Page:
In collaboration with Zhihao Yang and Tom Xu, Wang created a company called NanoMas Technologies, Inc. to address that potential. Launched in the University’s Start-Up Suite, it has lab facilities in nearby Endicott, N.Y. The company wasted no time establishing itself as a leader in the nascent conductive-inks field. It currently produces two trademarked products — NanoSilver and NanoGold — and is developing other inorganic nanoparticle and polymer semiconductor inks and electroluminescent inks for photovoltaic and printed electronics applications.

A NUE focus

This research, Wang’s passion for the past two decades, understandably informs his role as an educator. Two years ago — together with Changhong Ke, assistant professor of mechanical engineering; Kenneth Chiu, assistant professor of computer science; Alok Rastogi, visiting professor of electrical and computer engineering; and Daryl Santos, professor of system and industrial engineering — Wang landed a nearly $200,000 National Science Foundation (NSF) grant to develop nanotechnology undergraduate education (NUE) for Binghamton. Wang is principal investigator on the grant, and with additional resources from the University and the Center of Excellence in Small Scale Systems Integration and Packaging (S3IP), the NUE program focuses on nanotech applications in flexible electronics (FlexE) manufacturing.

Graduates who participated in this NSF-funded effort will have been seasoned by not only four years of courses, but also “real world” design projects, seminars, extensive research and cyber-infrastructure experiences. “We aim to train a technically sound, socially conscious, and globally aware U.S. scientific and engineering workforce for the emerging industry of FlexE manufacturing,” Wang says.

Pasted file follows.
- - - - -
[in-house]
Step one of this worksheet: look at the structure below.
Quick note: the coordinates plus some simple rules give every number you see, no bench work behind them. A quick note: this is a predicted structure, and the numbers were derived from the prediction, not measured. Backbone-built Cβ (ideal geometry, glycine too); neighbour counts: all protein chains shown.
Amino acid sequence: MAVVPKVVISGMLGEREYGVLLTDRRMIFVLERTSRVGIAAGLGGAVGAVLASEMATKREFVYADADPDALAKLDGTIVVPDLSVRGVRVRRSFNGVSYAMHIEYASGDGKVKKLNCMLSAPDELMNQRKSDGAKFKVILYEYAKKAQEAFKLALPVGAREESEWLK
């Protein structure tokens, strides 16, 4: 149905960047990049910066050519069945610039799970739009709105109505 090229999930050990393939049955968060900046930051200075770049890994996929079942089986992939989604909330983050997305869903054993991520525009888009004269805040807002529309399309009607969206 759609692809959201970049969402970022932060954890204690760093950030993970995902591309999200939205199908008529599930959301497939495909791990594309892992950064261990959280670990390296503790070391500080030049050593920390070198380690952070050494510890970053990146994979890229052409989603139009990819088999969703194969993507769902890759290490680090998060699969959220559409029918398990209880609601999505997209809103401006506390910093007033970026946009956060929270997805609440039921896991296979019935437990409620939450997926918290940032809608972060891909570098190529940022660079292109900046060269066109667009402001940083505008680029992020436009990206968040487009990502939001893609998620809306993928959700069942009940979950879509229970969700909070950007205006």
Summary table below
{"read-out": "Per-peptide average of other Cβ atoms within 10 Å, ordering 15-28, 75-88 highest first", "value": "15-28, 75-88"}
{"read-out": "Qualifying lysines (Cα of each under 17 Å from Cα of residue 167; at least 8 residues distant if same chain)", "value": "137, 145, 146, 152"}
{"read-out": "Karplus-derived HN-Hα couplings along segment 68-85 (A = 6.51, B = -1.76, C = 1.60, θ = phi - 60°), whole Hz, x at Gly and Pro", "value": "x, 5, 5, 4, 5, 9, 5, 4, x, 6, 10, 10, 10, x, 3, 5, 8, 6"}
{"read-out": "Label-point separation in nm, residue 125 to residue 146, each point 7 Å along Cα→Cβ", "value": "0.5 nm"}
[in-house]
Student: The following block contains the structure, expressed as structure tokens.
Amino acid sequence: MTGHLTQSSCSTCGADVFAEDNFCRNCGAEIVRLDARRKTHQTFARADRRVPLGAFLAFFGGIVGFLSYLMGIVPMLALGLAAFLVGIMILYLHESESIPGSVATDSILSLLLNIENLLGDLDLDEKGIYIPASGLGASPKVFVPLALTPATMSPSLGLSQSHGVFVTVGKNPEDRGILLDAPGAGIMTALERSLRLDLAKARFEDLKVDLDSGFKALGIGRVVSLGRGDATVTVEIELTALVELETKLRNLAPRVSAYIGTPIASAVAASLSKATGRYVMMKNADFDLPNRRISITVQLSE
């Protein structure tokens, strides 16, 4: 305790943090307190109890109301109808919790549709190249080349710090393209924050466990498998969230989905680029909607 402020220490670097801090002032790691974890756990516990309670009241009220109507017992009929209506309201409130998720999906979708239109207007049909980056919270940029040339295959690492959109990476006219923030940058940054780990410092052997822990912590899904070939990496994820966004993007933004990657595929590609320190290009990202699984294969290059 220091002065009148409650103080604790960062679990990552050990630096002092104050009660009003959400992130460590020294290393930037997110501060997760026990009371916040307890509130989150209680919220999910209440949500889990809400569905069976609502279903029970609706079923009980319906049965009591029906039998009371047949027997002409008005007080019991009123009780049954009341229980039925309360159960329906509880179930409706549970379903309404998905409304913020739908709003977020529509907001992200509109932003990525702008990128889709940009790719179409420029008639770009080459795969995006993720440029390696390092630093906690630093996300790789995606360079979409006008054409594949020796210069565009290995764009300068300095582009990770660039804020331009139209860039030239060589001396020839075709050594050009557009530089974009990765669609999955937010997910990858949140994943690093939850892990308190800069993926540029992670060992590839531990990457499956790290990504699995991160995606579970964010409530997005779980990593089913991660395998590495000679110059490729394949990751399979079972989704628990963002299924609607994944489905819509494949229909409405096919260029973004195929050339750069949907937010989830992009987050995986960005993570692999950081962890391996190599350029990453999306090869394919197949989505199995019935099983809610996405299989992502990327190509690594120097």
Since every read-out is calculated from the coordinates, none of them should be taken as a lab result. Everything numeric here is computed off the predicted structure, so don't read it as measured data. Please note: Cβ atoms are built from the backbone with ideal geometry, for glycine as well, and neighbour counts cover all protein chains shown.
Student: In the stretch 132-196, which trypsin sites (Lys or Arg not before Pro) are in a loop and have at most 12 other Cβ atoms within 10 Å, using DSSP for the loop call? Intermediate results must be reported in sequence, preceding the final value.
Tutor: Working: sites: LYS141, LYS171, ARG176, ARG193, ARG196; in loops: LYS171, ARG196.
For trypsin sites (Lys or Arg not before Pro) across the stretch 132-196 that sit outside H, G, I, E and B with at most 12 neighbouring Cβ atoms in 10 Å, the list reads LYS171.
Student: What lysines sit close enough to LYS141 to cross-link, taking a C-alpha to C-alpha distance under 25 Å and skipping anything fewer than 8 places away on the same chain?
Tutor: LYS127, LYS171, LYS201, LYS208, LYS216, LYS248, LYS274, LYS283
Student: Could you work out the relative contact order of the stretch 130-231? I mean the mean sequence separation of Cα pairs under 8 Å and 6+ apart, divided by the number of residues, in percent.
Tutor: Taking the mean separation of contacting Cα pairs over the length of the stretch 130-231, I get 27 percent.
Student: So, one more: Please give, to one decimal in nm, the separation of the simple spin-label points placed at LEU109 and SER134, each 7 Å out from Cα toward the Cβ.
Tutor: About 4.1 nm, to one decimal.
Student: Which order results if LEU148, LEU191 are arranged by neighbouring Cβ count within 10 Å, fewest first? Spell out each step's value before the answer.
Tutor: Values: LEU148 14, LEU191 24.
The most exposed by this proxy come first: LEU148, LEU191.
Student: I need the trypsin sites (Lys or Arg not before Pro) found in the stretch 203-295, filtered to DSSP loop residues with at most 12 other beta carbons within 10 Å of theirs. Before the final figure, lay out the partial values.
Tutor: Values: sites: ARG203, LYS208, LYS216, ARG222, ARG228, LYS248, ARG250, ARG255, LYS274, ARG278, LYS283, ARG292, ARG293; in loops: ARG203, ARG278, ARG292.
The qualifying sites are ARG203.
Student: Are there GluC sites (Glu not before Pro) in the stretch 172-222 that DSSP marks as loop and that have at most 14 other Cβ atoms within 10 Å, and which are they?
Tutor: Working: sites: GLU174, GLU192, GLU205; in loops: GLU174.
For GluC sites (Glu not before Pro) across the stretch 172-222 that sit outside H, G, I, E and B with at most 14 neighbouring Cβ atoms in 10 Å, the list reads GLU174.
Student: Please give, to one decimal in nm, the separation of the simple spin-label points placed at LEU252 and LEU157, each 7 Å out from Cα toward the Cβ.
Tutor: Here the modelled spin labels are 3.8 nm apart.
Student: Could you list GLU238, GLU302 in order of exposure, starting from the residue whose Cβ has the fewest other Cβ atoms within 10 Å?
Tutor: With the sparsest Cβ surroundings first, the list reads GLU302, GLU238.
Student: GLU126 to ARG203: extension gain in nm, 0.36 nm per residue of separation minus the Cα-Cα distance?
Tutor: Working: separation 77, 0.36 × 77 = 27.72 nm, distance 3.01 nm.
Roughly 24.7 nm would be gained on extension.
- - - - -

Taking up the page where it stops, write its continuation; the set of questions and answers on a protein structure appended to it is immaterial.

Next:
He’s making brisk progress. Already he has developed or participated in three undergraduate-level nano-courses. “When I joined Binghamton and introduced my undergrad course there were a handful of students,” he says, “but now we reach capacity regularly. More students have become aware of the great opportunity that nanotech and FlexE represents.” In addition to taking the courses, 53 senior undergraduate engineering students have participated in 13 diverse nanotech and flexible engineering projects, and NUE senior project symposia have been held each semester since fall 2008. Since spring 2009, experts from industry, national labs and other universities have come to Binghamton for a series of popular nanotechnology and FlexE lectures.

“The project I worked on really stretched me as an engineer,” says Heath Gregory ’09, one of three members of a senior team that developed a virtual chemical laboratory for synthesis of silver nanoparticles last year. “There’s definitely growing interest. I’d never heard of nanotech in high school, but many engineering students were interested at Binghamton.” Area electronics companies stand to benefit from the NUE program, says Stephen Gonya, a doctoral candidate who took Wang’s nanotechnology in small-scale-systems course last spring. A research scientist in the materials and components laboratory at Lockheed Martin Mission Systems and Sensors in Owego, Gonya says, “Lockheed has a significant interest in nanotech. It’s important technology and it will improve products tremendously. But it’s important to keep in mind that while there is a need for basic research, only a small amount translates into real products. That’s why trained engineers with nanotech experience will be important.”

Wang is addressing that very issue. “More of the students who enroll now think of nanotech as a career,” he says. “We are training the next-generation workforce.” l